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One section of the plan directly followed from a senior management retreat we held last fall -- an articulation of NSF's core values. We discussed who we are and what we want to be as a Foundation; not just at the retreat, but in senior management meetings, and then in conversations throughout the Foundation. We settled on this statement of core values that gives NSF its distinct culture, maintain its integrity, and keeps it focused on service.

[Slide #6: NSF Vision and Mission]
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The basic flow of the Strategic Plan is outlined in this graphic: From our vision and mission flow our four strategic goals – discovery, learning, research infrastructure, and stewardship. The first three follow from the three strategic priorities in the Board's Vision, and the stewardship goal is one focused internally on excellence and accountability in everything we do.

We evaluate our goals against progress in two crosscutting objectives: "to inspire and transform" and "to grow and develop."

It takes us several paragraphs in the plan to explain how we interpret these objectives. These titles were settled on after lengthy, serious discussions. We believe they come closest to accurately describing the complex ideas in the required short "catch phrase."

Our investment priorities follow from our goals and objectives, and they also reflect and communicate the priorities of the new NSF leadership.

[Slide #7: Legislated Requirements]
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Unlike the typical corporate strategic plan, a federal agency strategic plan is bound by Government Performance and Results Act (GPRA) legislative requirements. These provide a framework that relates the high-level strategic plan to annual budget development. The Budget Request contains the details about annual priorities, disciplinary priorities, funding levels, new programs, and the like--as well as implementation plans and metrics.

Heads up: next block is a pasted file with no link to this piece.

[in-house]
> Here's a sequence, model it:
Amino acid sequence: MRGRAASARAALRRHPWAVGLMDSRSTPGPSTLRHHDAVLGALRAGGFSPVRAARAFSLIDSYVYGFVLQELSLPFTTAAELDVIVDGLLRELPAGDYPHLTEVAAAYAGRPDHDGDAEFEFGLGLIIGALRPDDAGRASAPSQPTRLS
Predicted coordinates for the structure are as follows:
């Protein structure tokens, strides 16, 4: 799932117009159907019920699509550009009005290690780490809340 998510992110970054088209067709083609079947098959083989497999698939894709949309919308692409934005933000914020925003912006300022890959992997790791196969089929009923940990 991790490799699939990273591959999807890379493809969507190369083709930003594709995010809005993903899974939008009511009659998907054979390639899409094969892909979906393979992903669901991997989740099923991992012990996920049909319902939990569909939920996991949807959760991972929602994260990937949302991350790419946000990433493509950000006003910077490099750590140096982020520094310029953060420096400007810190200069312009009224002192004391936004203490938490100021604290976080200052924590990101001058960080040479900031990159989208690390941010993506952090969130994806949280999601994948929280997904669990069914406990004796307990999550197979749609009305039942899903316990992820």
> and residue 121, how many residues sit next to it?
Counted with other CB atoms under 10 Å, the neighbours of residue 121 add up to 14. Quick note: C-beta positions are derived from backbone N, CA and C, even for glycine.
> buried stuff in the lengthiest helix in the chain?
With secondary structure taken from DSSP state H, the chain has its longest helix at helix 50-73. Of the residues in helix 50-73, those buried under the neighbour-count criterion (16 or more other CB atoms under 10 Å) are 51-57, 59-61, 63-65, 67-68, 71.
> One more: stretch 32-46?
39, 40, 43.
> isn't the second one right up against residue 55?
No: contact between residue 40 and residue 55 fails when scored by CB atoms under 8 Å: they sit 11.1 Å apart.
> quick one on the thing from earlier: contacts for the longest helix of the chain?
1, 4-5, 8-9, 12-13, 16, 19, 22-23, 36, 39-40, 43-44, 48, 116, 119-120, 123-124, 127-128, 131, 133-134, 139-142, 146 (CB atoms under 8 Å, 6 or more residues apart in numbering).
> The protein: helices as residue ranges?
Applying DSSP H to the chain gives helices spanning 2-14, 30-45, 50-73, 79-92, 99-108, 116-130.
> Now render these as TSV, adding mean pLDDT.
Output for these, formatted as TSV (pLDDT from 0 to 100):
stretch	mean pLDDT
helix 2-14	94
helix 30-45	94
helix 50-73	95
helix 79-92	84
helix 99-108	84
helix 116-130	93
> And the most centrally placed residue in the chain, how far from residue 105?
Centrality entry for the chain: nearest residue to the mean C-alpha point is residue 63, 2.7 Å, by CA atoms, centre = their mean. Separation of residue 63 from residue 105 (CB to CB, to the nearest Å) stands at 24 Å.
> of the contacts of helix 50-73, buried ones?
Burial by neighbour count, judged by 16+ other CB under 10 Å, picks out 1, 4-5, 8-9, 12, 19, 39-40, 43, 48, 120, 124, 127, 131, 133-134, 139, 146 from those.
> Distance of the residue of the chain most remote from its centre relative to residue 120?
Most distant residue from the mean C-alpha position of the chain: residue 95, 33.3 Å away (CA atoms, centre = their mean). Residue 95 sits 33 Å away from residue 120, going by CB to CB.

The law also requires a description of "key factors" that could affect the achievement of our goals, a description of our program evaluations, a description of how the plan will be communicated internally to the staff, and an indication of how we will assign accountability for achieving our goals.

Working with OMB, the Strategic Plan team has managed the difficult job of incorporating all these legal requirements without producing a dull, bureaucratic document. In fact during the comment period, we received 40 direct compliments on the quality of the writing and how exciting the plan was.

[Slide #8: Public Comment Demographics]
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In total, NSF received over 120 public comments on the plan. This slide illustrates the demographics of the respondents. We've also tried to illustrate the diversity of respondents using appropriate logos, but I should note that there were many more worthy logos that would just not fit on the slide.

We also received comments from the Board, our Advisory Committees, and NSF staff.

[Slide #9: Public Comment Synopsis]
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This slide, and the next summarize, summarize the comments we received.

Not only were the comments generally positive, there was a great deal of appreciation expressed for being invited to participate in the process.

The plan was seen as clear about NSF priorities as well as exciting. Reviewers liked the education focus, the emphasis on interdisciplinary research, and being able to see themselves in the sidebars.